In his talk at the close of the April 2008 General Conference, President Monson talked about the blessing we had received, both as members of the Church and, specifically, over the course of the conference. He ended his talk with counsel: parents are to love and cherish their children, youth are to keep the commandments, those who can attend the temple should, and we should all be aware of each other’s needs.
But what if, in closing his remarks,[fn1] President Monson had said, “My dear brothers and sisters, I feel strongly that Mitt Romney is the best person to lead our country. I encourage each of you to campaign on his behalf and to donate to his campaign. We have also established the Perpetual Mitt Fund, with an initial investment from tithing dollars for $1 million in order. This fund will go toward his election and, if any money is left over, it will be transferred to Harry Reid’s next campaign. If you would like to support the PMF, you can use the donation slips. In the ‘Other’ category, please write ‘PMF.’”[fn2]
There was, unsurprisingly, an immediate backlash. Dozens of people sent letters to the I.R.S., demanding that it revoke the LDS church’s tax exemption. In its review, the I.R.S. determines that the Church’s actions were in flagrant violation of the anti-campaigning rules. Sick of tax-exempts pushing the envelope, the I.R.S. decides to make an example of the Church and revokes its tax-exempt status, a revocation that the courts affirm.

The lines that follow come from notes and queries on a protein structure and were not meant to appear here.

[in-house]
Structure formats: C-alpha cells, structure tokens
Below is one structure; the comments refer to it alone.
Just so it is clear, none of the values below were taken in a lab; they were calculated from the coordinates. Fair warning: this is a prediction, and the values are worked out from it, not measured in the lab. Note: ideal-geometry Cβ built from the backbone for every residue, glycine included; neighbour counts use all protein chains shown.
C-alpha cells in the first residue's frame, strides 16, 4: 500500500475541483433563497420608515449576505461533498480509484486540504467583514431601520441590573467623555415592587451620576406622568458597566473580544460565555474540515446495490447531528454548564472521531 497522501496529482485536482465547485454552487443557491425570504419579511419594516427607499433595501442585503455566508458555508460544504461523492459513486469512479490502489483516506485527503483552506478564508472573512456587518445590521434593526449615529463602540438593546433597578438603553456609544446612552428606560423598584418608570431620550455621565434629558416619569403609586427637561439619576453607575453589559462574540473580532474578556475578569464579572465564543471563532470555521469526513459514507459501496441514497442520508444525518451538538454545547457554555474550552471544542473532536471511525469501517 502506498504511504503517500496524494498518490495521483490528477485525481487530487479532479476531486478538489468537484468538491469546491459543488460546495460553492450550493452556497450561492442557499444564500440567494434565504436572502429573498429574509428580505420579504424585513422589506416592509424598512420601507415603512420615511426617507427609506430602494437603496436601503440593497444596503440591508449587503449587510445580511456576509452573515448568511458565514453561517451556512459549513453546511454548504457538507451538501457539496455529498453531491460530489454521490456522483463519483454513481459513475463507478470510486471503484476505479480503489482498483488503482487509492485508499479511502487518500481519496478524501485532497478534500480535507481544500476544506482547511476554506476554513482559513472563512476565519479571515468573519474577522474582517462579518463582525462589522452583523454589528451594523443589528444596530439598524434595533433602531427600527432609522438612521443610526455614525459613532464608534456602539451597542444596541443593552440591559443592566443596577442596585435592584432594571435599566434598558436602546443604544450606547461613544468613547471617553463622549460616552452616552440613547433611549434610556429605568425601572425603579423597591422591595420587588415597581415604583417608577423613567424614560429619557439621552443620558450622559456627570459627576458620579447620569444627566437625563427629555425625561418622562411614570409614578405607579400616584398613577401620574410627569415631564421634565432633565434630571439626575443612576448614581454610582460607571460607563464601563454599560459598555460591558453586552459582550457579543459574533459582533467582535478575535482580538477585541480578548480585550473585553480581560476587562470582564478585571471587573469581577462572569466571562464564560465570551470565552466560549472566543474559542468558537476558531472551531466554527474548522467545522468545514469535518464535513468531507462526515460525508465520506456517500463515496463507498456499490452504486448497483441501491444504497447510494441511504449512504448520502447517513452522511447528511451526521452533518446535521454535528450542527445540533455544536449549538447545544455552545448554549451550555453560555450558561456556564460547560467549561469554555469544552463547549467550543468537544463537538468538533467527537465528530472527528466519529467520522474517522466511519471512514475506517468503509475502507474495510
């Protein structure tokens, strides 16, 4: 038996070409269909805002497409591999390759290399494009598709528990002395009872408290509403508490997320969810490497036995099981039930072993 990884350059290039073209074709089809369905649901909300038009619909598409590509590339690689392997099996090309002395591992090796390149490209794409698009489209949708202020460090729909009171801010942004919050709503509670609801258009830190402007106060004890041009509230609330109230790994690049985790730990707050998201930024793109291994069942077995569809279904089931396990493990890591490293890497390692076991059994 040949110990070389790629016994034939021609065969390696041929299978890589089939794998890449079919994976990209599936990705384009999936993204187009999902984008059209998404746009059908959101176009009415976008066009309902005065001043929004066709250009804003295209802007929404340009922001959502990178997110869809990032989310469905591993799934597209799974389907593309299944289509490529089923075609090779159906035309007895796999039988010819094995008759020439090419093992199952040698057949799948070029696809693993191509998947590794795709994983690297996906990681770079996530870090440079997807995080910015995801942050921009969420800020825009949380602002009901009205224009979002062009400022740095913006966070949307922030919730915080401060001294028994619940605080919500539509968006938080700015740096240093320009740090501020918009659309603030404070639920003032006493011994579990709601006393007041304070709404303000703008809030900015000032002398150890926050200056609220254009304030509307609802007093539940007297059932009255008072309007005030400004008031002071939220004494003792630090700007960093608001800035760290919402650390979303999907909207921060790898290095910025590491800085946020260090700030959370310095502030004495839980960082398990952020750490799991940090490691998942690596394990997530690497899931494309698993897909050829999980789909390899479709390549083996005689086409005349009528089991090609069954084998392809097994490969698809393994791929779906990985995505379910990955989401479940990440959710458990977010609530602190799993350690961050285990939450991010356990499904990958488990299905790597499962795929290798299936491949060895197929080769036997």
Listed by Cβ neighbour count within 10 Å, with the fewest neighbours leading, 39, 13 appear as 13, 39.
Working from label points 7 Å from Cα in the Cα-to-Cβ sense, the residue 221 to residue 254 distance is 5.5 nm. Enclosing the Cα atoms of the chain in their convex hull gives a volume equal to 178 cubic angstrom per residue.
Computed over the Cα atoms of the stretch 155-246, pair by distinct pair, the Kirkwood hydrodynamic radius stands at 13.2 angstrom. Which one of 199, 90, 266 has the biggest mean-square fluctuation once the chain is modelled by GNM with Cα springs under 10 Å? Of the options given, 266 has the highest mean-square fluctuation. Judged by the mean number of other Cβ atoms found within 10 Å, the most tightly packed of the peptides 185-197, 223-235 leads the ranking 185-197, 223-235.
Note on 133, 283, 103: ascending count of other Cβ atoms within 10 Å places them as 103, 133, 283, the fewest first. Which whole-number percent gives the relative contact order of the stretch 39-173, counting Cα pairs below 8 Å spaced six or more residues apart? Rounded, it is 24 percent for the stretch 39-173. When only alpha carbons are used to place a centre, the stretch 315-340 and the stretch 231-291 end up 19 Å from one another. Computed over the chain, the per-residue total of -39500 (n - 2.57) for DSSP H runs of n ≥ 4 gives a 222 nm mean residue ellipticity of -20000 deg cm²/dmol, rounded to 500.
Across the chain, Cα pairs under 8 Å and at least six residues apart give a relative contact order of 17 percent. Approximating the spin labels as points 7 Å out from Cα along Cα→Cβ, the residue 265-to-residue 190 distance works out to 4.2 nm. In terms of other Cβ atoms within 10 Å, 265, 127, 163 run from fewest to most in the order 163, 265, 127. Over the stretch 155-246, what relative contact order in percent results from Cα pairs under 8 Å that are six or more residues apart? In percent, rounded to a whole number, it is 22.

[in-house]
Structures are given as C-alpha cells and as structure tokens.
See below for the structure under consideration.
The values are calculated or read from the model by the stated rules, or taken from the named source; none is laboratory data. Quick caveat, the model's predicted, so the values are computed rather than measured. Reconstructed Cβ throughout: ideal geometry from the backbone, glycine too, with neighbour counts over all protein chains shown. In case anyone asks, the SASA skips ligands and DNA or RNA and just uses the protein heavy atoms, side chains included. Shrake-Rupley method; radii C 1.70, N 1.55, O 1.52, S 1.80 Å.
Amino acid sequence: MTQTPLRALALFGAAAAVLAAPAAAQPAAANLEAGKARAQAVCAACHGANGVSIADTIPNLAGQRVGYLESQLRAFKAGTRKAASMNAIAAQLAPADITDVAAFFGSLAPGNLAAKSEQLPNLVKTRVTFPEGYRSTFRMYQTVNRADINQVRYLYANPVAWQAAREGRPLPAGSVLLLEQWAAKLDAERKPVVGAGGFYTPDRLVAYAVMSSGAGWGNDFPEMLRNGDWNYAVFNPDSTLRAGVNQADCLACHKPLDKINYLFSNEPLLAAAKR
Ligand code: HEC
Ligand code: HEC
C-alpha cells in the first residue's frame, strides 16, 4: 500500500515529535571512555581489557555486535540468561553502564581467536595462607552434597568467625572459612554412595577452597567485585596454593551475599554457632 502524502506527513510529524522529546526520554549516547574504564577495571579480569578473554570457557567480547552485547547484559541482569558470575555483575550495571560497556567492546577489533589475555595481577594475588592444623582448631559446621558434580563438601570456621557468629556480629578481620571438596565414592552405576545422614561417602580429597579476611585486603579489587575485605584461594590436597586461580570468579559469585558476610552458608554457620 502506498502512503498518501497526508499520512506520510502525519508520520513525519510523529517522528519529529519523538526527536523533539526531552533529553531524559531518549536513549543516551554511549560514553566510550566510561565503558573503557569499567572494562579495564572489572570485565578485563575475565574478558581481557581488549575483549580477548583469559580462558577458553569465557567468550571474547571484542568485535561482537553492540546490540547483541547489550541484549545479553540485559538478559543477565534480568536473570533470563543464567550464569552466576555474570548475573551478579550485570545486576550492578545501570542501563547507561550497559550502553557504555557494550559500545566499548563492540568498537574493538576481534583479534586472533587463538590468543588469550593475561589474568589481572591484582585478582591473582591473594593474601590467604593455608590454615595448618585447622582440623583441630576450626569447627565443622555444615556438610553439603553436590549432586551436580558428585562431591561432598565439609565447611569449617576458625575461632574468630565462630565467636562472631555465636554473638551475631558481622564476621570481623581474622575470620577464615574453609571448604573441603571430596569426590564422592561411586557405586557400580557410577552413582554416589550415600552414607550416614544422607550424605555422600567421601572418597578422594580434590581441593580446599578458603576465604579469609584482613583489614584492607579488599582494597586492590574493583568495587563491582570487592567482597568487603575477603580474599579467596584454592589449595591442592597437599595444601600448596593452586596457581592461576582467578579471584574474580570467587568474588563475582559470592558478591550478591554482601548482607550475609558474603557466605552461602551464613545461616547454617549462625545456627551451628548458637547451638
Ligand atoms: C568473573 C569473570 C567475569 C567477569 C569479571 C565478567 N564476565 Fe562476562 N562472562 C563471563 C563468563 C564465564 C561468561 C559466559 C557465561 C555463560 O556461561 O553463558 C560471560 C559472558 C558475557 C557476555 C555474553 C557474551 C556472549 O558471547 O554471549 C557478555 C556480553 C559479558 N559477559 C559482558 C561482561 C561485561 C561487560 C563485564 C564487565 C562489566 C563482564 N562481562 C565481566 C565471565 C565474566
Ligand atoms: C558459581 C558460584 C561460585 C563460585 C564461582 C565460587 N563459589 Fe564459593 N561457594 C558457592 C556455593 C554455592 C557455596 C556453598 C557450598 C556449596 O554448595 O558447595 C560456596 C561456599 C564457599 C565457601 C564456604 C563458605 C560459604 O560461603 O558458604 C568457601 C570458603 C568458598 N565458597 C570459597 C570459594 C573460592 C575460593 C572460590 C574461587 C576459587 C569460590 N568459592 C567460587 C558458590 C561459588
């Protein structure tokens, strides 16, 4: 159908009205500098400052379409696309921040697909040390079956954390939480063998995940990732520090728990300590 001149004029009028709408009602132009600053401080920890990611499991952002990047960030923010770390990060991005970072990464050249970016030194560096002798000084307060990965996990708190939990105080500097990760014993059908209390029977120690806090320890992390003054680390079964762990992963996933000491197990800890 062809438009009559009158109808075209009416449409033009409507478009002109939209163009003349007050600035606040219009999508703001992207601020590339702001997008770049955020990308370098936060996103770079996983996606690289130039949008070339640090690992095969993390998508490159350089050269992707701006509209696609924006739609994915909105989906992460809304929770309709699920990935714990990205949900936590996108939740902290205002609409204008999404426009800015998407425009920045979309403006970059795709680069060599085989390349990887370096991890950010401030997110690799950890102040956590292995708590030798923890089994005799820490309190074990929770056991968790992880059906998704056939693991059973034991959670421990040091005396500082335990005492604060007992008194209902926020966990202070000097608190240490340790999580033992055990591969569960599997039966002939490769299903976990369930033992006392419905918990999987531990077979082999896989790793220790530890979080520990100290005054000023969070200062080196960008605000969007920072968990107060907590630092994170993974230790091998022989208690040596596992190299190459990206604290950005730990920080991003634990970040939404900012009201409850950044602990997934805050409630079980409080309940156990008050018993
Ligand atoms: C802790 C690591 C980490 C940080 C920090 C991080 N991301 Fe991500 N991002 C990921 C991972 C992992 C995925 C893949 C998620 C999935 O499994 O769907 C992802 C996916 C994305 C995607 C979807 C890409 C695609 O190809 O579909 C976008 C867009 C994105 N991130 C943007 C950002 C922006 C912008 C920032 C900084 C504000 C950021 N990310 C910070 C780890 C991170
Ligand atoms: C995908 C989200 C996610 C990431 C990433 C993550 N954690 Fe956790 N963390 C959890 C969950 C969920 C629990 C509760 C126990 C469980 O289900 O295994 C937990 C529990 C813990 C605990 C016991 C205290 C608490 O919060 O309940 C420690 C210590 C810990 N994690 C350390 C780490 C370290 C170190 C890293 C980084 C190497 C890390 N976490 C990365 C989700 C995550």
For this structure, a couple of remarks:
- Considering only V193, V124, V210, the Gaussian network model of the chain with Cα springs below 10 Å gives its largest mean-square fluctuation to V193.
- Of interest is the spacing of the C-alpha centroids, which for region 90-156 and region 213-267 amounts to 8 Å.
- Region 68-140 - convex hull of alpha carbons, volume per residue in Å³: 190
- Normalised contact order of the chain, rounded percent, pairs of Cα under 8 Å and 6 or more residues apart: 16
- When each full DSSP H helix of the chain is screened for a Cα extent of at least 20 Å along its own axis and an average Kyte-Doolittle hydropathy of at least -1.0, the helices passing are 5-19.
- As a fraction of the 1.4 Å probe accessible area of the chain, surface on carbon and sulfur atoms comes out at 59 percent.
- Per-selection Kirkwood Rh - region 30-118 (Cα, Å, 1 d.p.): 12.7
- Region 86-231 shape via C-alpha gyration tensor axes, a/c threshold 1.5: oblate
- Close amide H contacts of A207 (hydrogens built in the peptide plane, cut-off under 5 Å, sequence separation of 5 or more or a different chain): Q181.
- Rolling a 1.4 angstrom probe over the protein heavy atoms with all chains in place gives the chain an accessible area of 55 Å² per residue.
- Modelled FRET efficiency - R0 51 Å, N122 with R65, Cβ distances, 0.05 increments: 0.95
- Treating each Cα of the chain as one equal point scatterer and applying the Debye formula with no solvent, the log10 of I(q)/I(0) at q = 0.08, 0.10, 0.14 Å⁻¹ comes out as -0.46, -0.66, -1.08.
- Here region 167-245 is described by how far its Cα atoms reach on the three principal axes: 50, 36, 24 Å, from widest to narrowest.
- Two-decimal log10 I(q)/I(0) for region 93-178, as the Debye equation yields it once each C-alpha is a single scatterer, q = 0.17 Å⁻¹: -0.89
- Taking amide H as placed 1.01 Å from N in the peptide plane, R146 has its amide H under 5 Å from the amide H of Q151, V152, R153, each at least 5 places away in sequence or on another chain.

So what happens? I should note that I have no inside information about the Church’s finances, so I’m going to recreate what I assume are at least a few income streams:[fn3]
(1) Interest income. Like I said, I have no knowledge of the Church’s income. But I know that tithing and other offerings are deposited into a bank account on Sundays when they’re received. I would be absolutely shocked if these accounts weren’t interest-bearing. As a tax-exempt, the Church didn’t pay taxes on interest it earned. But once it lost its exemption,[fn4] it became taxable, including on interest from bank and other deposit accounts. The Church would pay taxes of 35% of its interest.